Tuesday, January 31, 2006

With all the talk about the potential 'disruption' of the VC business i thought i'd add a couple of anecdotes given my experiences. A VC: Don't Be An ATM Is a pretty good take on the discussion. Although Freds final comment is a bit obvious and can apply to many situations beyond this particular one, i can vouch personally for the value that one Venture Capitalist can bring over another. I have met Studs and Duds from all the firms - Duds at Bessemer, Studs at polaris and the reverse. It all comes down to personalities - strip away the $$$ and the Academic qualifications - is this person gonna be with you at the first hurdle, or clawing back the moment you slip up? From an Industry perspective, and i see it with the private equity guys more than ever - there is a tremendous amount of secured and available capital in the private Equity asset class - alot of this is due to the SOX fallout, and the attempt to create pockets of liquid markets privately. If you listen to Swartzman of blackstone - he's off raising the first $22 billion dollar fund! what's happening in more abundance is buyout firms selling to buyout firms - liquidity behind the curtain - free from the constraints, costs, and challenges associated with a re-configured SOX induced public market. Why deal with SOX when we can trade amongst ourselves, take advantage of debt market fluctuations, sophisticated financial engineering, and so on? Moores law could have told us all that we can build twice as much for half the price - and maybe there are elements of this in the VC market today, but there will always be capital, there will always be investment professionals seeking to manage, and there will always be demand - at what point in a company lifecycle is capital required? what is the currency used? these are constantly shifting challenges. VC as a business is not going anywhere - change? sure. Disruption? minor. An abudance of very smart people guiding this boat? definitely.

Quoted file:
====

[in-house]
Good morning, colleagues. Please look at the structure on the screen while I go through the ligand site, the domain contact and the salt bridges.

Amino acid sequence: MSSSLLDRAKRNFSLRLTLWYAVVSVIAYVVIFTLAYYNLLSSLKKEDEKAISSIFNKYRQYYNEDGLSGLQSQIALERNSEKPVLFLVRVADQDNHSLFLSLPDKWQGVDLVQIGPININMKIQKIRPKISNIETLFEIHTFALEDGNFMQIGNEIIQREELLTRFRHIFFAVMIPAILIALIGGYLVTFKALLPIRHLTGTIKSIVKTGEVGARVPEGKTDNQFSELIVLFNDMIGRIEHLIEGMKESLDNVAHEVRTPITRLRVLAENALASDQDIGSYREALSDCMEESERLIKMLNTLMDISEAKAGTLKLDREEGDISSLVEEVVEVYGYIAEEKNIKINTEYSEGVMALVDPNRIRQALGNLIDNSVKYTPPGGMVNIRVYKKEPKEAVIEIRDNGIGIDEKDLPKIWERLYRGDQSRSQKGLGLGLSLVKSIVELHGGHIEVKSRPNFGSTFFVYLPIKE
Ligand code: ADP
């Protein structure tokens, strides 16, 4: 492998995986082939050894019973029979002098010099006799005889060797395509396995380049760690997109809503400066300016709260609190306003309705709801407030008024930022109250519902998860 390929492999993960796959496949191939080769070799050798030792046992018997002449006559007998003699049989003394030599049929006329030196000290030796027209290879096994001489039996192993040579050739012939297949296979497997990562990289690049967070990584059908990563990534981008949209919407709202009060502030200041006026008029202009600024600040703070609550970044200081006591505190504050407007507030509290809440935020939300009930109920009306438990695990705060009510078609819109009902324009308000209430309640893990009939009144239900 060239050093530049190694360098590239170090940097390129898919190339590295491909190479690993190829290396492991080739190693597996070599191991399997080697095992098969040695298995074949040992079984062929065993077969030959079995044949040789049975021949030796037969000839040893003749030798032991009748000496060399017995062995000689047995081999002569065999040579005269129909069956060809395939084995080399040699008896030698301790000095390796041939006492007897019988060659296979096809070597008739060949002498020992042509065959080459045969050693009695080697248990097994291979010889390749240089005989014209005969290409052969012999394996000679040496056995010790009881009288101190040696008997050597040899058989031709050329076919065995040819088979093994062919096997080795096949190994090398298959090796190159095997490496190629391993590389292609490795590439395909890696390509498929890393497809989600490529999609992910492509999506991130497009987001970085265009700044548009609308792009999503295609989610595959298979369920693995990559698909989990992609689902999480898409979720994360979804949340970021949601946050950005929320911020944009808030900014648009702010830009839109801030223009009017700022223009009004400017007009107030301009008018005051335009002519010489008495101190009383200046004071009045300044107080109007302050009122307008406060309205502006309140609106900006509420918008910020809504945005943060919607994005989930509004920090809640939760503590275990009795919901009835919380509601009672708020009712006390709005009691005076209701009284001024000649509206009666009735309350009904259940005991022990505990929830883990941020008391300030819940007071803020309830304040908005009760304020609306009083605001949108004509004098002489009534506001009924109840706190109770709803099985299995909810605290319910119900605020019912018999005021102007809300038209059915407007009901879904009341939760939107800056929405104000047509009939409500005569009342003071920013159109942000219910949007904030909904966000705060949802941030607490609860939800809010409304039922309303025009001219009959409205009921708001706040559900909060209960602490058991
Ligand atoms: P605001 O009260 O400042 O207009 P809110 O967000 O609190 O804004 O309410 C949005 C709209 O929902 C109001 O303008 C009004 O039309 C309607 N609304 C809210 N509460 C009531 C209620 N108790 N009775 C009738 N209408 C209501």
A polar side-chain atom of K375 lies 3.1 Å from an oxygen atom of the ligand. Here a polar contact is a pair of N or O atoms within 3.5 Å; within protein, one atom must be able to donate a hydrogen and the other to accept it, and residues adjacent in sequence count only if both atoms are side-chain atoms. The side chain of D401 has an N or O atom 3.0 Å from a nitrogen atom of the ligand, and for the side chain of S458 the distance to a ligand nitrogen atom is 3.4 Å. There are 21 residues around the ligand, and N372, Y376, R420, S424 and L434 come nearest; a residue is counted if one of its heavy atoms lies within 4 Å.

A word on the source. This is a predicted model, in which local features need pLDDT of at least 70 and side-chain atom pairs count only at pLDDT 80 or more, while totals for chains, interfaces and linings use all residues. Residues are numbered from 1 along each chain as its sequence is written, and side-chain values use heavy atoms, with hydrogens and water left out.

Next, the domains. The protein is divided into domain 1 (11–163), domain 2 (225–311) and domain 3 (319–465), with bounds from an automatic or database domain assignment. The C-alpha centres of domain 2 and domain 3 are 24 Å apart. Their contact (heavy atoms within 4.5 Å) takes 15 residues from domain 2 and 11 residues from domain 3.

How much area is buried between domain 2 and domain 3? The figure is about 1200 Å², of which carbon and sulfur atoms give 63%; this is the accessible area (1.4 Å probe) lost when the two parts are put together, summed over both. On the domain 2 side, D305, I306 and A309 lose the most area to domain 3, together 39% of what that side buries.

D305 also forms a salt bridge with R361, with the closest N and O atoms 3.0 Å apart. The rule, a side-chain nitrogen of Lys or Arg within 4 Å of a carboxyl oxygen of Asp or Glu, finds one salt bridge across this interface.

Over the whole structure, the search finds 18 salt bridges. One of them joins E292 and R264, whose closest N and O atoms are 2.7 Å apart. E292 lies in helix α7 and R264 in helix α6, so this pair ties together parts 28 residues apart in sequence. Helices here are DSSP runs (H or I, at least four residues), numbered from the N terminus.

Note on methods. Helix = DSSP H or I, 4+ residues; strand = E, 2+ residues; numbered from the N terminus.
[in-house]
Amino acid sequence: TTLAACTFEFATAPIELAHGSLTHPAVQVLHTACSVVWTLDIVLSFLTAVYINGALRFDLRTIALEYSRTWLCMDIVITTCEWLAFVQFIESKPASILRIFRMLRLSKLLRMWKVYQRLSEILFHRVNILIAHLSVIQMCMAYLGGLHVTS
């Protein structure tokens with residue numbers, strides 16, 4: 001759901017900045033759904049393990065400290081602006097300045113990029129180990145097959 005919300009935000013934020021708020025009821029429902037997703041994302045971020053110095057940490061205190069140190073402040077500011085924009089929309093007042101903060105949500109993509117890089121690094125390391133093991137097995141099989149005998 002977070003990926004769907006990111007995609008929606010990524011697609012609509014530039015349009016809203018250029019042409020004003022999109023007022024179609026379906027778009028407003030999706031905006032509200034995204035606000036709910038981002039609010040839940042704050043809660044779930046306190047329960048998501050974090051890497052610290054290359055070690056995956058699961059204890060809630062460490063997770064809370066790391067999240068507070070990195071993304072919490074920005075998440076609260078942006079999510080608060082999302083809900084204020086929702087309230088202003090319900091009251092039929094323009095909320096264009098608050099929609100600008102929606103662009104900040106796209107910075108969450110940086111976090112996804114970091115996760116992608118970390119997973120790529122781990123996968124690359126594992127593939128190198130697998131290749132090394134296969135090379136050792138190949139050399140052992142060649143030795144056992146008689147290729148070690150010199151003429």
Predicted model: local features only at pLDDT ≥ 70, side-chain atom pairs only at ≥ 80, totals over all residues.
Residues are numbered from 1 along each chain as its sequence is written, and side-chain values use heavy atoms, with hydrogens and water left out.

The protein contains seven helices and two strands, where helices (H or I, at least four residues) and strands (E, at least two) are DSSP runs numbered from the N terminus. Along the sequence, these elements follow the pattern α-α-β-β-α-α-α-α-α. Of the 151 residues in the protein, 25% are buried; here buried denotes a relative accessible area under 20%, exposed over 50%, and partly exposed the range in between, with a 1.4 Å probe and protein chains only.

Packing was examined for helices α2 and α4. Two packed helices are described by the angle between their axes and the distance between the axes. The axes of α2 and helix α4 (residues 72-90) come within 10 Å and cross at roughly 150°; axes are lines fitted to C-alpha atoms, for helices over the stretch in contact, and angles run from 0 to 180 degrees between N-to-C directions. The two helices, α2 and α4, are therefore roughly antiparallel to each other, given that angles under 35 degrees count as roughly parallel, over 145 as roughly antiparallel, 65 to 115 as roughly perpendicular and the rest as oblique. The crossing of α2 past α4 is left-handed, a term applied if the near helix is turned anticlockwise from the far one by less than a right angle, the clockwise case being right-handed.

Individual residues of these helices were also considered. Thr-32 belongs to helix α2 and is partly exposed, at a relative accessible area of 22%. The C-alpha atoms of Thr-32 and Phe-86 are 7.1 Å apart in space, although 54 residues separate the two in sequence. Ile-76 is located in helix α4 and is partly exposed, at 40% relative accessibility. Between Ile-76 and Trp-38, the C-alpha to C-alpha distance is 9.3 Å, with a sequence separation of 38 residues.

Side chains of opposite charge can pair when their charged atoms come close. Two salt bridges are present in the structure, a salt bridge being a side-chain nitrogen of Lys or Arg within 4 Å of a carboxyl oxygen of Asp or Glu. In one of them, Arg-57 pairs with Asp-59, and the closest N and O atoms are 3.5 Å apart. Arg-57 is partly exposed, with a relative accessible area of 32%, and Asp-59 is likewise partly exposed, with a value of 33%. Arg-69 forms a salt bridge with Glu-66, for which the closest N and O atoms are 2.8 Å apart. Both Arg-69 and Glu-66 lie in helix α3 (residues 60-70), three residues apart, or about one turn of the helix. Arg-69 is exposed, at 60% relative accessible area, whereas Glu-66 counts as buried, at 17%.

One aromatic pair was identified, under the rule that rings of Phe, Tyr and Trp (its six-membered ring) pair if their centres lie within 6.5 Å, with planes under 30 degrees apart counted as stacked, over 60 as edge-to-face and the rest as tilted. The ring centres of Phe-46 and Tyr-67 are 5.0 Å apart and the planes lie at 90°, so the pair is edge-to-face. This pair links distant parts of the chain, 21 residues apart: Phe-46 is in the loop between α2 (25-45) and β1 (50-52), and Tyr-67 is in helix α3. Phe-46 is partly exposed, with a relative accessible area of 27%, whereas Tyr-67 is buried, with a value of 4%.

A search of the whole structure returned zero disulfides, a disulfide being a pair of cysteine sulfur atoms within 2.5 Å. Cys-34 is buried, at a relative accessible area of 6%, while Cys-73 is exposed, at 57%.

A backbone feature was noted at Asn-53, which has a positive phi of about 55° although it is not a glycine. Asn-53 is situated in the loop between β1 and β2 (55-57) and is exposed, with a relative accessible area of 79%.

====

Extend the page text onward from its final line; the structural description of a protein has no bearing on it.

At 2/21/2006 10:19:00 PM, Blogger Fraser said...

Hi Mark,

A nice grounded post - forcing certain dreamers back into the atmosphere :)

I agree that the VC industry is going nowhere - there will always be a need for it. I even think that only certain elements of it will change from the current course. What I meant in my post on disrupting the VC industry is that there is an opportunity for a new VC firm to use a disruptive strategy to penetrate into the market.

I think many confused the use of disruption in the sense that Christensen used it with a groundswell that would be better described by "revolution".

On another note: it will be interesting to see what happens within the private equity market in 1 year, 5 years and 10 years. It's a hot space, but can it remain like this for an extended period of time?


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